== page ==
In a follow-up a month later Badding told ENR the space elevator comment has captured the attention of the popular press, but he has not been contacted by any of the several groups around the world currently working on it.

“Our work is very early stage,” he said.  “The space elevator mention was made just to dramatize the fact that the diamond nanothreads are predicted to have strength that is enough for such an elevator.” He said there are other carbon nanomaterial candidates as well.

“No one has yet solved the problem of making large quantities of these materials that are strong enough as long cables.  We many never solve this problem with carbon nanotubes or diamond nanothreads, but in principle it is solvable and thus not just science fiction in my view. 

“As for scale up, I can’t really say.  There are formidable challenges. Certainly seems unlikely in the next 5 to 10 years.  Decades?  We’d have to learn to make these diamond nanothread materials in large quantities and make them long enough and get individual threads to bind to each other well enough.“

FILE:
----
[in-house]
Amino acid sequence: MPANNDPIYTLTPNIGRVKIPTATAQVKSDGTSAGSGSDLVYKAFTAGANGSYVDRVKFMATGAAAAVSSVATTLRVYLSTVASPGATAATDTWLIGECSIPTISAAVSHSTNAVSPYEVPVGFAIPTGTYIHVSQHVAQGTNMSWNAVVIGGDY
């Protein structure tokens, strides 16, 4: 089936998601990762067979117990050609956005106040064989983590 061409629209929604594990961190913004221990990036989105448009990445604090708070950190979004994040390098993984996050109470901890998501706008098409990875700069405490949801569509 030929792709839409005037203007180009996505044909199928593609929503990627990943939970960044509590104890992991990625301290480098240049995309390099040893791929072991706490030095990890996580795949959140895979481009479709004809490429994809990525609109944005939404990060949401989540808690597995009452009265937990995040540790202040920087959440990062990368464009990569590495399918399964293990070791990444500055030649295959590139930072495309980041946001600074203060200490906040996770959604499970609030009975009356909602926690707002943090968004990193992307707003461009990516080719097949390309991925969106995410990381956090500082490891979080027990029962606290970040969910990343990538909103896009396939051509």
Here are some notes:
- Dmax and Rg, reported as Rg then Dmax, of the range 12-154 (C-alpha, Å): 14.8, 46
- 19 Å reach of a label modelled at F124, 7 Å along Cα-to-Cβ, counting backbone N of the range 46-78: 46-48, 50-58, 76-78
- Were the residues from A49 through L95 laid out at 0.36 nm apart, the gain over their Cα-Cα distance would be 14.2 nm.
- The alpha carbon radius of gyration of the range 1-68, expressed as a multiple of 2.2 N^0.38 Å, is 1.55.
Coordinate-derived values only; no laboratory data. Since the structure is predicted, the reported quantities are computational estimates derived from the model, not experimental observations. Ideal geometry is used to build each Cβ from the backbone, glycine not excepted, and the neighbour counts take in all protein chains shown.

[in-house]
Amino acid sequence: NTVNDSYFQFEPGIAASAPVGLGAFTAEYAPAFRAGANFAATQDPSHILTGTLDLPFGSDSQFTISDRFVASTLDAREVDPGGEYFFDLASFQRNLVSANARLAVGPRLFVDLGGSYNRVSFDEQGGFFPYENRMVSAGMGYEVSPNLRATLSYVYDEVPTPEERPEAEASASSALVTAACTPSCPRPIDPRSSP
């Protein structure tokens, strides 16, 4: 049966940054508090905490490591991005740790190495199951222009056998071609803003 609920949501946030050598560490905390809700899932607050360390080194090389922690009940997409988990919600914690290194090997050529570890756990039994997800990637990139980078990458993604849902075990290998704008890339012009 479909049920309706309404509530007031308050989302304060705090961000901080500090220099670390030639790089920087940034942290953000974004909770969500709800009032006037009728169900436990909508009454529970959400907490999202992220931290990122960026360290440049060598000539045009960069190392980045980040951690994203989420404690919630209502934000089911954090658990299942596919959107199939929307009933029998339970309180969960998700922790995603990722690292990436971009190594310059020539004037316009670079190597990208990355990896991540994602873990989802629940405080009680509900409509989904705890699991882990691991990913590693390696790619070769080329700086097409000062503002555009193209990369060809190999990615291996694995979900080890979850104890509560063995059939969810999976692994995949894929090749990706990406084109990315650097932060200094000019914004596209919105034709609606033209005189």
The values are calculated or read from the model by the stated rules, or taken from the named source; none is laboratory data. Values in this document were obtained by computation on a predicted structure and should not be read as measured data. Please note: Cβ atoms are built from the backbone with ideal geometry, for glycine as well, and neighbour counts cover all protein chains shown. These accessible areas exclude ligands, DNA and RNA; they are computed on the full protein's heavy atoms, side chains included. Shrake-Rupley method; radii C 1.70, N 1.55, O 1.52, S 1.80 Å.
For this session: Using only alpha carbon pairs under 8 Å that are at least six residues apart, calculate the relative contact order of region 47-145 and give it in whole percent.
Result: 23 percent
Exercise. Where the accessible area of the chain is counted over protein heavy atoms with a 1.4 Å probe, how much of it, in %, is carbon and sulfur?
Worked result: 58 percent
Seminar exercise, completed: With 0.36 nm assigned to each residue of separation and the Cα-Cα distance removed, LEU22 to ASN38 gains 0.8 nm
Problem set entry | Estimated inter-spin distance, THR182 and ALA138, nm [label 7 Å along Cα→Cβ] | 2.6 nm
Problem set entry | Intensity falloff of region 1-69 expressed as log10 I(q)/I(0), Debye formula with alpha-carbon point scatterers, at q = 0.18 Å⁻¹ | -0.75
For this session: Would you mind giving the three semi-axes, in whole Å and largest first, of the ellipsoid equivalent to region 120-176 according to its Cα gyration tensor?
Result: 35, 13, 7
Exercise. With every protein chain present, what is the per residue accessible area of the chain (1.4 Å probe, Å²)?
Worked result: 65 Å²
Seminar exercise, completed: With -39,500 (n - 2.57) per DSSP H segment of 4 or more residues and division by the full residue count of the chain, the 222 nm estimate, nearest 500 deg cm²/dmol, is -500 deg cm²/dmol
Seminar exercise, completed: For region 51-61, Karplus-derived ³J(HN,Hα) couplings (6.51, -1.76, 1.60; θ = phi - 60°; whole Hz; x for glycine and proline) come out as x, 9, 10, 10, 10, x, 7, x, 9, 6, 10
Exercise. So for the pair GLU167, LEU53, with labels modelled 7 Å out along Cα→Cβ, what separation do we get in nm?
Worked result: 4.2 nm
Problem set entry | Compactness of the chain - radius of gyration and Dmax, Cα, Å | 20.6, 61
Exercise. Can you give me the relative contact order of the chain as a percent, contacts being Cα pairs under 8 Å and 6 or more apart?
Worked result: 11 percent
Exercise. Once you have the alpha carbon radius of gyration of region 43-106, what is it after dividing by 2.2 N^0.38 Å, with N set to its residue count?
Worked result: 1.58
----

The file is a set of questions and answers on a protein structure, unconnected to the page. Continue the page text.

“The latter aspect is where diamond nanothreads might (and I emphasize might) have an advantage over conventional carbon nanotubes, in that chemical bonds between them may be easier to make.   We’d also have to learn to reduce the (currently impractical) pressures used to make them.  This seems a possibility to me.”

He says the first samples produced are, at most, “ a few hundred” nanometers long. One nm is equal to one billionth of a meter. “You can see we have a long, long way to go. Note the qualification “in our wildest dreams” in the press release,” he said.

In response to the question of whether the threads look like strings of diamonds, he said, “The appearance of diamond is very much dependent on how the diamond material is aggregated.  Window glass looks very different from sand, yet the two are very similar materials.  So our nanothreads, although they have the structure of diamond at the molecular level, look like a white mass so far.  It is only at the level of atoms that their ‘diamond beauty’ is revealed.”

The Obayashi Corporation Plan

In February, 2012, Tokyo-based Obayashi Corporation announced its commitment to start building a space elevator by 2030, which it said would cost $100 billion and take 20 years to construct.

The pledge is supported by a 17-page paper outlining the construction concept. It notes that “the current technology levels are not yet sufficient to realize the concept, but our plan is realistic, and is a stepping-stone toward the construction of the space elevator.”